Zionsville veteran experiences Indy Honor Flight before time runs out

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Max Damer escorted by his son, Scott, during the Indy Honor Flight. (Submitted photo)

By Heather Lusk

The morning after Max Damer’s Indy Honor Flight, his arm was so tired from shaking hands he literally couldn’t move it for nearly a day.

“I don’t know how many hands I must have shaken, it must have been close to 500,” he said with a grin. Damer was among 89 veterans on the trip from Indianapolis to Washington, D.C. Sept. 9.

Max Damer in Washington, D.C. during the Sept. 9 Indy Honor Flight. (Submitted photo)

The Honor Flights send veterans from World War II through the Vietnam War to Washington, D.C., to recognize their sacrifices and tour memorials throughout the city. As the Honor Flight website states, “The time to express our thanks to these brave men and women is running out.”

Damer, 93, died Sept. 25.

A week after his Indy Honor Flight, Damer was all smiles at his Zionsville home as he recalled the experience and volunteers who cared for him during his trip.

“I think it’s important the public knows how dedicated these guys are,” he said of the Indy Honor Flight.  “One of them kept calling me ‘Smiley’ because every time she looked at me I was laughing.”

Damer’s favorite part was seeing the Tomb of the Unknown soldier and watching the precision of the guards.

Serving in the military almost wasn’t an option for Damer. A hernia prevented him from enlisting during World War II. Surgery repaired it and he was drafted in 1948 and sent to Japan as part of the U.S. occupation forces. He was discharged Aug. 17, 1950 and re-enlisted the next day. He joined the Air National Guard and was activated to duty several months later. He was a crew chief for the F-51H, promoted to staff sargent and honorably discharged in 1953.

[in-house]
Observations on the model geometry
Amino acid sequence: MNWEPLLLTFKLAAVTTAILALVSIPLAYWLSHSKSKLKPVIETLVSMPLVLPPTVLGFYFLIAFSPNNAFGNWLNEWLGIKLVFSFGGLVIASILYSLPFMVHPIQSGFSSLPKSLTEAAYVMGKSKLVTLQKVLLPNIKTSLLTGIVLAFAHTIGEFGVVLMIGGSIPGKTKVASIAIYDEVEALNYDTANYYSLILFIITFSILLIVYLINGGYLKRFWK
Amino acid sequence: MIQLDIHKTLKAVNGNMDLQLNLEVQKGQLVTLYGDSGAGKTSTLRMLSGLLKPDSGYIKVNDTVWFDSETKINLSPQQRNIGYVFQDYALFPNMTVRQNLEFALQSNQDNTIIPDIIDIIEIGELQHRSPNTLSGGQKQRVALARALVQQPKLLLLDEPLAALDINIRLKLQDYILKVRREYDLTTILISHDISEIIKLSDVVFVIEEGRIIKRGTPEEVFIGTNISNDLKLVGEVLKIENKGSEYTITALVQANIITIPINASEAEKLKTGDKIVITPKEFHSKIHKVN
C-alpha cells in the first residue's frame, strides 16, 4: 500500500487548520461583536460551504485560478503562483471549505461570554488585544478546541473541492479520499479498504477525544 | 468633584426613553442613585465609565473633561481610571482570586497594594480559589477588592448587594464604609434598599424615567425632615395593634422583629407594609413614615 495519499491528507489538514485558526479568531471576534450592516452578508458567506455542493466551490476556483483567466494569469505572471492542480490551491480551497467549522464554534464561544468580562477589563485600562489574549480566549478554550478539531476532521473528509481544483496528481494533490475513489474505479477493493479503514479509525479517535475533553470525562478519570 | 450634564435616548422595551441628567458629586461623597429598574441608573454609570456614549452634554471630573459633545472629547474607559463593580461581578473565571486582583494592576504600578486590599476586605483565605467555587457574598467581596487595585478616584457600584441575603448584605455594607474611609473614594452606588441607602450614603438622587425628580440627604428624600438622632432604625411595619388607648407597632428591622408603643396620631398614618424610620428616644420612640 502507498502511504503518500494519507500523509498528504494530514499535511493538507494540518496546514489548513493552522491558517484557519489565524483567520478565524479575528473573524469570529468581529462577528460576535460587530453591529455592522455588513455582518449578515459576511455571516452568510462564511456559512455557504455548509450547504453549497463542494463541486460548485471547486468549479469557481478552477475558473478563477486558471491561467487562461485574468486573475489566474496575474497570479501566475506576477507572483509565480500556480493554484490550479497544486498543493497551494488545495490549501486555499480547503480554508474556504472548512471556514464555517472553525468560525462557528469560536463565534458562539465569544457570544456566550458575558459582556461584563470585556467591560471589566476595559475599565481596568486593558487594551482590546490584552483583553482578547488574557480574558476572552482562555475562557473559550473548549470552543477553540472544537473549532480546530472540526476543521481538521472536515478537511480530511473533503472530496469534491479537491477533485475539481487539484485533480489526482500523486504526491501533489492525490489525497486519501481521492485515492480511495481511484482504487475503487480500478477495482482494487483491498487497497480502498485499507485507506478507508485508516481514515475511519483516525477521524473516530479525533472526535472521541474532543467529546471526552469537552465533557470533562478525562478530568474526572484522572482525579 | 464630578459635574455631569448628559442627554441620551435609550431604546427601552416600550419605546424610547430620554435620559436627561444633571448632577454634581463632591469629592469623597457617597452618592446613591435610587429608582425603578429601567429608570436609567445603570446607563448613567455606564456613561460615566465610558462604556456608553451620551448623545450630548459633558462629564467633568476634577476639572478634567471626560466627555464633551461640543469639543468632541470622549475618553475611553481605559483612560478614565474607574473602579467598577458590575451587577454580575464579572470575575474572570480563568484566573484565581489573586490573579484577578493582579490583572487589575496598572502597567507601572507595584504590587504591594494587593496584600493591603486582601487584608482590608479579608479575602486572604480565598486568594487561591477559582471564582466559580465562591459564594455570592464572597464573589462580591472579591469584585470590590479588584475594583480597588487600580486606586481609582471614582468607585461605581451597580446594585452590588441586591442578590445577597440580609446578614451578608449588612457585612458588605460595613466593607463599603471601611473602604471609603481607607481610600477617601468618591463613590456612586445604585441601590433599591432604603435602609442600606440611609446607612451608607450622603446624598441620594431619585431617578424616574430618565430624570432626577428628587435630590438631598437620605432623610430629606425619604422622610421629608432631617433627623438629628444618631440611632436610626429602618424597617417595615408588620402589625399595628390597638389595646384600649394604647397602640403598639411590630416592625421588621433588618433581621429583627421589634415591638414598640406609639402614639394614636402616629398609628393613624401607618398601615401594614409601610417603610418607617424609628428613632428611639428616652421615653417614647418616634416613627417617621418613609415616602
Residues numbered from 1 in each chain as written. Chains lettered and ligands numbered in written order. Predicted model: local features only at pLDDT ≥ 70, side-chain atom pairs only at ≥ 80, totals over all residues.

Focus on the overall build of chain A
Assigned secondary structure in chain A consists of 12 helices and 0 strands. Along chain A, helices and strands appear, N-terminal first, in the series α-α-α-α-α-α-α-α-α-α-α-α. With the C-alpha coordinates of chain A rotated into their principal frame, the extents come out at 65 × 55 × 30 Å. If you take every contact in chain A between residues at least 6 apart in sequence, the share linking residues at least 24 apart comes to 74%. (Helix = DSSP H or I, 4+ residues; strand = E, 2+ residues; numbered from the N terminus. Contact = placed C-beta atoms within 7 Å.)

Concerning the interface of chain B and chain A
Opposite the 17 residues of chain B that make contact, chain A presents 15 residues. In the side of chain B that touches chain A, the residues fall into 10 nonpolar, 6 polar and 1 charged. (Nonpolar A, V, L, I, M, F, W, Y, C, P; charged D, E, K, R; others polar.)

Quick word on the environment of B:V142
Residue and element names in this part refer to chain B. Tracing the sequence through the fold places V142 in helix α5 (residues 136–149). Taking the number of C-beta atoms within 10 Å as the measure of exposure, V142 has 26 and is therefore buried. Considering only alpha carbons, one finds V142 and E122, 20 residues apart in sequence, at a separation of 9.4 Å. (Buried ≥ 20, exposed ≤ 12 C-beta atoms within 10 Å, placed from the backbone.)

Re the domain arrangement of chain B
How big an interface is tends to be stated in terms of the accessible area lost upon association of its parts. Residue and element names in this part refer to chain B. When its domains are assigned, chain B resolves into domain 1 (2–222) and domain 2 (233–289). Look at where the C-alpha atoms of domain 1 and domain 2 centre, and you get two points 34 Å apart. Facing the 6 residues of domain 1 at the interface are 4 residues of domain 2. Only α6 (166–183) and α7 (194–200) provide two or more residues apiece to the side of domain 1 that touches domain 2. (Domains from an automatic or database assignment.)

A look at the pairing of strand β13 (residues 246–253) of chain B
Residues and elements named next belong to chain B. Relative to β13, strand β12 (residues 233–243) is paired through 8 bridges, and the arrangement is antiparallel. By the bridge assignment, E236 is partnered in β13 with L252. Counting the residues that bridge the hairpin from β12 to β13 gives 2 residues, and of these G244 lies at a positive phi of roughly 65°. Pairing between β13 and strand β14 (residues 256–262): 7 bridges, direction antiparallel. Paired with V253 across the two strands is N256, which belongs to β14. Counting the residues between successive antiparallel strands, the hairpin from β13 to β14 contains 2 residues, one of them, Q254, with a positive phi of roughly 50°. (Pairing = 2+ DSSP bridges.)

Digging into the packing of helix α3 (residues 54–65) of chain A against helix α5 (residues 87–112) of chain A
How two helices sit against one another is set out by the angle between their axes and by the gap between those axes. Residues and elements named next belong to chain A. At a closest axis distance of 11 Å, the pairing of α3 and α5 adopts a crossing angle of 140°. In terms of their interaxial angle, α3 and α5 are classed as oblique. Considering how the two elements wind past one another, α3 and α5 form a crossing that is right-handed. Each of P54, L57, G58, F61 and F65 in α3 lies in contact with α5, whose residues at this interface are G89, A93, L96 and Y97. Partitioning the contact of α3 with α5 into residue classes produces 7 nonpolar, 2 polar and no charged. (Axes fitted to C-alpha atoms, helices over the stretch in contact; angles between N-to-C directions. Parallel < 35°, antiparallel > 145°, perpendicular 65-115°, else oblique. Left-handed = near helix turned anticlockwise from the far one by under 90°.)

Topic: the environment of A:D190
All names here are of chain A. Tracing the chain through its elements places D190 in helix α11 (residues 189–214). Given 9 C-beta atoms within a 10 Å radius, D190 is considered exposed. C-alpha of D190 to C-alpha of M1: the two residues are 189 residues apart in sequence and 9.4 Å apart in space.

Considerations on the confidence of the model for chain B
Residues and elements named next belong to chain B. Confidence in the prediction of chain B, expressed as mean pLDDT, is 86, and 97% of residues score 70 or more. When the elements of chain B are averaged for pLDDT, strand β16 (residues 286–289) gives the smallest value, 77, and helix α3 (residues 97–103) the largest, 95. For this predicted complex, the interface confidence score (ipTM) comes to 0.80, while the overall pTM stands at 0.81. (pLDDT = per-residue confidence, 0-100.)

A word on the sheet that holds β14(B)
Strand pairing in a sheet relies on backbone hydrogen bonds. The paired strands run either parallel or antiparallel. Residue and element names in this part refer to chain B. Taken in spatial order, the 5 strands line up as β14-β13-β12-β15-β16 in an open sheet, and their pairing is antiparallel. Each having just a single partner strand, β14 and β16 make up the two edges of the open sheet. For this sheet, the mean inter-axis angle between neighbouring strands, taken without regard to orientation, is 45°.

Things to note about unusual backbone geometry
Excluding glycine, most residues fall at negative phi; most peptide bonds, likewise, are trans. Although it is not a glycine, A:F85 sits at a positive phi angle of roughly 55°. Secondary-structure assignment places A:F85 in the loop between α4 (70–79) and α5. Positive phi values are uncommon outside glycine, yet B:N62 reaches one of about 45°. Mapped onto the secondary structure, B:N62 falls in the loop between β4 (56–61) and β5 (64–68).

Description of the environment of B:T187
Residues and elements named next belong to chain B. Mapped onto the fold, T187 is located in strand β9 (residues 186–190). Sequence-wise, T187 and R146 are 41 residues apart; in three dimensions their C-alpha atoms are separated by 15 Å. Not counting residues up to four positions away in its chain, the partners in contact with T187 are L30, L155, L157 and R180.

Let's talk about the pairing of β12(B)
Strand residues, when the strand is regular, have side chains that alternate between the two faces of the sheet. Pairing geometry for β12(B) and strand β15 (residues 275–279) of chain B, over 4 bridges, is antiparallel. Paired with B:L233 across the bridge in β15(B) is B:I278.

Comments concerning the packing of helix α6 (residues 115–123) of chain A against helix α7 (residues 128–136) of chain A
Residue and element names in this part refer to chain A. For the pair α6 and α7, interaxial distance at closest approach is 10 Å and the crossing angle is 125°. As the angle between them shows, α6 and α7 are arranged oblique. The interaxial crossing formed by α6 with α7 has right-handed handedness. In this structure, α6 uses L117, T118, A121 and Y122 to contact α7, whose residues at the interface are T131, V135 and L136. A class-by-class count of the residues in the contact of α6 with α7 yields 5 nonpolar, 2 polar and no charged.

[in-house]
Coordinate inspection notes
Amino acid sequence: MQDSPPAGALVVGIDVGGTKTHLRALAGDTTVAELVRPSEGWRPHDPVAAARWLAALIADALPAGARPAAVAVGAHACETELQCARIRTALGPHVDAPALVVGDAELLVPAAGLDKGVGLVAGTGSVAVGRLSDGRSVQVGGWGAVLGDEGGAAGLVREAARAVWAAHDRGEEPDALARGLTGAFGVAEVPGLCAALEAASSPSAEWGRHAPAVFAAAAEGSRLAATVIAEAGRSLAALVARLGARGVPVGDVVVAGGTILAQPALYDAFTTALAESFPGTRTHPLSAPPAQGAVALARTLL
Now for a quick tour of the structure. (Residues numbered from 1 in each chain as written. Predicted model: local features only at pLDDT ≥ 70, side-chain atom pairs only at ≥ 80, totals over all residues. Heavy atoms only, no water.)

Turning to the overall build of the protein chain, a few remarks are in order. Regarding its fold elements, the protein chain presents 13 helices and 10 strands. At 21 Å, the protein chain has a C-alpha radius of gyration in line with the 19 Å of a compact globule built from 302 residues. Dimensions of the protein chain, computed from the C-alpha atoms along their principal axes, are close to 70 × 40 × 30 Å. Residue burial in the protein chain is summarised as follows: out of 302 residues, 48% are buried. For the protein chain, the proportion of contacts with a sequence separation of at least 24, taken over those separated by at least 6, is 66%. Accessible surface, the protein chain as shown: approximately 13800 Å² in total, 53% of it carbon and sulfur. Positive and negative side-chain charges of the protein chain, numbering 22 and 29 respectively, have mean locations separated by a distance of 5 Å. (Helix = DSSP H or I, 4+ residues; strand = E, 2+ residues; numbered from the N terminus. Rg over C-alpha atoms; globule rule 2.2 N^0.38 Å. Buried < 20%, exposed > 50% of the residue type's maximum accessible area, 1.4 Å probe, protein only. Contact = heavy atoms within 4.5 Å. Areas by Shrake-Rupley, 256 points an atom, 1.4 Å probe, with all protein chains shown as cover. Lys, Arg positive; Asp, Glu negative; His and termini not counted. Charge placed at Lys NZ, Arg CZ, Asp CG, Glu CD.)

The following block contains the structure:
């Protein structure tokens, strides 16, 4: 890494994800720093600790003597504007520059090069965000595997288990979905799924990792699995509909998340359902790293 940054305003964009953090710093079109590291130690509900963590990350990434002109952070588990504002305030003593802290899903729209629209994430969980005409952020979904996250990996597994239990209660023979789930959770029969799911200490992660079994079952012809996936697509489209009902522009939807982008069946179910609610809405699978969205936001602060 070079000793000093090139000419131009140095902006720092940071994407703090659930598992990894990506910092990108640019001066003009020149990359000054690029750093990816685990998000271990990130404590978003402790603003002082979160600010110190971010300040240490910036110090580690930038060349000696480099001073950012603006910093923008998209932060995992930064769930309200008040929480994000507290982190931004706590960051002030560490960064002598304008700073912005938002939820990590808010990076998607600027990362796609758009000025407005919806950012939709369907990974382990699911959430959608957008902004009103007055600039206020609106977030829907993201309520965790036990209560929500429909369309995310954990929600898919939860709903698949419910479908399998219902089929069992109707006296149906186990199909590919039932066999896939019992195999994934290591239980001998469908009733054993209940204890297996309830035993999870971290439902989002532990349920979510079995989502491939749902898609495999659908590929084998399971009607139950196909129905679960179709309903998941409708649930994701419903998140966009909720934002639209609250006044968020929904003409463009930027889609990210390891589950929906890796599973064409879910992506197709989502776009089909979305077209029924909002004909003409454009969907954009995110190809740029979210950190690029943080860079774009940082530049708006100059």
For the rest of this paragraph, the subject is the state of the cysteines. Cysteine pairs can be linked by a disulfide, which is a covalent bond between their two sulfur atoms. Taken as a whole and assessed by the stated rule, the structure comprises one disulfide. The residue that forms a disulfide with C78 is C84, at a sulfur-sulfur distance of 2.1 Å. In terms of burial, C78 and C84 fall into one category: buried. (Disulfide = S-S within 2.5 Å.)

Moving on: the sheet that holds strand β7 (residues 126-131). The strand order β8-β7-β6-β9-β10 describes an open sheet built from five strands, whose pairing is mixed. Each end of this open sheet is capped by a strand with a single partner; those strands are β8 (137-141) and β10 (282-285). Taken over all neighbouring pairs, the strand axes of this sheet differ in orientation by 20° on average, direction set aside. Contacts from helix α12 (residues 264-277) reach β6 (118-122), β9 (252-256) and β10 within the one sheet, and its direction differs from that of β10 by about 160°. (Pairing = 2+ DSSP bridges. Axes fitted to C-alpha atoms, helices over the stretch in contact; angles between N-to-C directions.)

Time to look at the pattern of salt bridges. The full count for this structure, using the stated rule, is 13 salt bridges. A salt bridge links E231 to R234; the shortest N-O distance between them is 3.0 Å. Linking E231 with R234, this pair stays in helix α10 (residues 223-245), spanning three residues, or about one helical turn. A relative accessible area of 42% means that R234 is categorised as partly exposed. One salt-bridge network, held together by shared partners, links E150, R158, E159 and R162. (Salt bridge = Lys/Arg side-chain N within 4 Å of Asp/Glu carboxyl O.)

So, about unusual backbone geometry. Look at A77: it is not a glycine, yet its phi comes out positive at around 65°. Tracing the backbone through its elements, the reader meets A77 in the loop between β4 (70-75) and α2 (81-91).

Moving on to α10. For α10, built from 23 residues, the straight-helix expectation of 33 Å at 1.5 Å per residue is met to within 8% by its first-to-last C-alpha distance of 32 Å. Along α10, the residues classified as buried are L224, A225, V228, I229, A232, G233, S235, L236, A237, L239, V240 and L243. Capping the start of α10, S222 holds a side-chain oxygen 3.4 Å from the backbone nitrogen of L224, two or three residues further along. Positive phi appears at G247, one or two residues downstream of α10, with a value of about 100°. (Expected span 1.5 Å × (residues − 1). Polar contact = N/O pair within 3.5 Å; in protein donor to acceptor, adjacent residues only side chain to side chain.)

Damer was humble about his time serving in the armed forces, believing that he didn’t qualify for the Honor Flight because he didn’t serve during “the big fights,” as he put it. But the public disagreed, coming out in full force to honor him at a surprise party at Plainfield High School when the Honor Flight returned.

“It must have taken me 45 minutes after we arrived at the school because of all these well-wishers lined up,” he said. “It seemed like we were gone much longer than one day.”


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